We always hear that the summer months are the worst time to move, and the July rental report from Douglas Elliman confirms this belief, as median rental prices rose in Manhattan, Brooklyn, and Queens. Like they did in June, median Brooklyn rents set a new record, rising 4.1 percent to $2,968, just $450 less than the median Manhattan rent. If you thought you could seek refuge in Queens, you’d better go to your plan B; the borough’s median rent rose 14 percent, coming in at $48 above Brooklyn, also setting a new record after several months of decline. And unlike Manhattan and Brooklyn, large apartments in Queens had higher rent increases.
In Manhattan, the average rental price last month hit $4,031, and the median price was $3,418. The latter was the second highest on record, trailing only behind February 2009. It was also the 17th month a row that median rents saw growth. Also interesting is the increase in new rentals, up 42 percent from June.
Currently looking for a new apartment? Be patient. Luciane Serifovic, director of rentals at Elliman, told the Daily News, “Renters are really swimming with sharks. We don’t even have to advertise our apartments anymore. We have clients lined up waiting for vacancies.” Jonathan Miller, president of real estate appraisal firm Miller Samuel and author of the report, explained to The Real Deal, “The drivers are a robust city economy with near-record employment, and tight credit. You’re still seeing many first-time buyers tipped back to the rental product.” And because of this trend, the largest price gains were in studios and one-bedrooms.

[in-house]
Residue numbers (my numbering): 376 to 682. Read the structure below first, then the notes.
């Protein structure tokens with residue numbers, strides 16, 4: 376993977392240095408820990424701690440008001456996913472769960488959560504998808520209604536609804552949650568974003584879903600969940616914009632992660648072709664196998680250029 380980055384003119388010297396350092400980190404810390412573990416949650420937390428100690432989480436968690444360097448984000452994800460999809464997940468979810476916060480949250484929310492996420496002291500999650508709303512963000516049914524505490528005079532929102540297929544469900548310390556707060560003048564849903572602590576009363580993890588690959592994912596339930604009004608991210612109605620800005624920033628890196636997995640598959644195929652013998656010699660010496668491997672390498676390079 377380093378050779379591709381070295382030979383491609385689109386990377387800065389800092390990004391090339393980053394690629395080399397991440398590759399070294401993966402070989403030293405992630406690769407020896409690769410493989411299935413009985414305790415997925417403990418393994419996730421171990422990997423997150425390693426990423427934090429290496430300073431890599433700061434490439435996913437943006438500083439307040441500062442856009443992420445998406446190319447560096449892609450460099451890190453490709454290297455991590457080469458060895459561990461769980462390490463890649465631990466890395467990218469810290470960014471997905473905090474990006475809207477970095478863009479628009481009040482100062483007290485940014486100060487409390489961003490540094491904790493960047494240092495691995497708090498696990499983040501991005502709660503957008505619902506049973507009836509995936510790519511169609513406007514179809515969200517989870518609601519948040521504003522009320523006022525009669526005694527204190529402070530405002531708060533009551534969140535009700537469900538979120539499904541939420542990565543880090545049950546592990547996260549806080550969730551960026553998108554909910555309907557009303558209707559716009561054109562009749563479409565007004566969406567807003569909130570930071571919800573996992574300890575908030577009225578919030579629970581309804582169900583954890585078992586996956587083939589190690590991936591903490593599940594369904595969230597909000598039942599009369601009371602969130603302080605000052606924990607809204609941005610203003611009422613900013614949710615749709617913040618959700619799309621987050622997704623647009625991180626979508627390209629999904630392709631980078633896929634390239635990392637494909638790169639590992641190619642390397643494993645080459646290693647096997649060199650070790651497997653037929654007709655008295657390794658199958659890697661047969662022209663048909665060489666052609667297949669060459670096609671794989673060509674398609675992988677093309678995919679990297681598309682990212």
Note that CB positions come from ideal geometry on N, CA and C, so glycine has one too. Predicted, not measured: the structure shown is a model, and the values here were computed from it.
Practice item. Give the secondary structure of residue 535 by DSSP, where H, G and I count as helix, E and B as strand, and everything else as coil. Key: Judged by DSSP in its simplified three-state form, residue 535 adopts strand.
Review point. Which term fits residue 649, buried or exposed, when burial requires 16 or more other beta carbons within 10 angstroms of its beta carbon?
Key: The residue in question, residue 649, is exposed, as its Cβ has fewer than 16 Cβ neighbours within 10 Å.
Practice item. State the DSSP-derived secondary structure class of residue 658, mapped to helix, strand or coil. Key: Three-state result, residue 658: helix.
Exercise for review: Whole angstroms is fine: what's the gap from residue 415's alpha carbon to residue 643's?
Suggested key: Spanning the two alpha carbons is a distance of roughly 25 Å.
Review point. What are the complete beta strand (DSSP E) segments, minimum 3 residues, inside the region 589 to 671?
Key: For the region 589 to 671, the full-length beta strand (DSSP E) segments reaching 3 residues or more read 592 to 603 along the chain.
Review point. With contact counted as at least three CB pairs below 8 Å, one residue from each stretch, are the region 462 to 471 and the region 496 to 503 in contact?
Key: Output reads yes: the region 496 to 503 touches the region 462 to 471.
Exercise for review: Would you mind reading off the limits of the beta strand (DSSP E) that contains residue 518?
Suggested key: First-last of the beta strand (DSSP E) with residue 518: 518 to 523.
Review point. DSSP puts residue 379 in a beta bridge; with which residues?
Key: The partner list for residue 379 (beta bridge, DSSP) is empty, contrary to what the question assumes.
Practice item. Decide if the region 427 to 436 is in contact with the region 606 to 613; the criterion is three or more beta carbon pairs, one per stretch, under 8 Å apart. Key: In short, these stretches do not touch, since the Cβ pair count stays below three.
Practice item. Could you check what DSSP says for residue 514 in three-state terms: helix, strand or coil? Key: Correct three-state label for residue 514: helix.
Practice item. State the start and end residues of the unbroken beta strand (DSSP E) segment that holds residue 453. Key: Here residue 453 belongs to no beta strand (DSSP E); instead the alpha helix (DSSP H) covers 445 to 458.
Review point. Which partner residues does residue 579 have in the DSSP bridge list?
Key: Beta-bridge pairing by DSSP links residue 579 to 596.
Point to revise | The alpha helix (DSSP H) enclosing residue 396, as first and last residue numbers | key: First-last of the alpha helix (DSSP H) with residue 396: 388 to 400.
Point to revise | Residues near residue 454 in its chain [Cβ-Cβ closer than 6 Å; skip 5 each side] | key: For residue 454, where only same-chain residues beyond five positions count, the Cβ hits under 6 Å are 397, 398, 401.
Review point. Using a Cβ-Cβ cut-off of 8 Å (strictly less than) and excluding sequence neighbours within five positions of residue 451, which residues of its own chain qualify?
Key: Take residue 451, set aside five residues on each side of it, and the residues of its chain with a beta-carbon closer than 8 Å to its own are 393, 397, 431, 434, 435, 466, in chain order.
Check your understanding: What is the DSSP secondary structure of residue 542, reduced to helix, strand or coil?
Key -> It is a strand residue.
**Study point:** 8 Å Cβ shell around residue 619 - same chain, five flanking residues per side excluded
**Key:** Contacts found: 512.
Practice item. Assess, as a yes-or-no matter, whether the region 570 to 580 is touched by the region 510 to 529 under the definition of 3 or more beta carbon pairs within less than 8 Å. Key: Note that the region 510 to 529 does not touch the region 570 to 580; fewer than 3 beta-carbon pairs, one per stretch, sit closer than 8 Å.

See the full report here >>
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- Renting a Studio in Manhattan Now Costs an Average of $2,691, Brooklyn Hardly Better
- New Report Shows It’s More Expensive to Rent in Queens than in Brooklyn
Tags : Douglas Elliman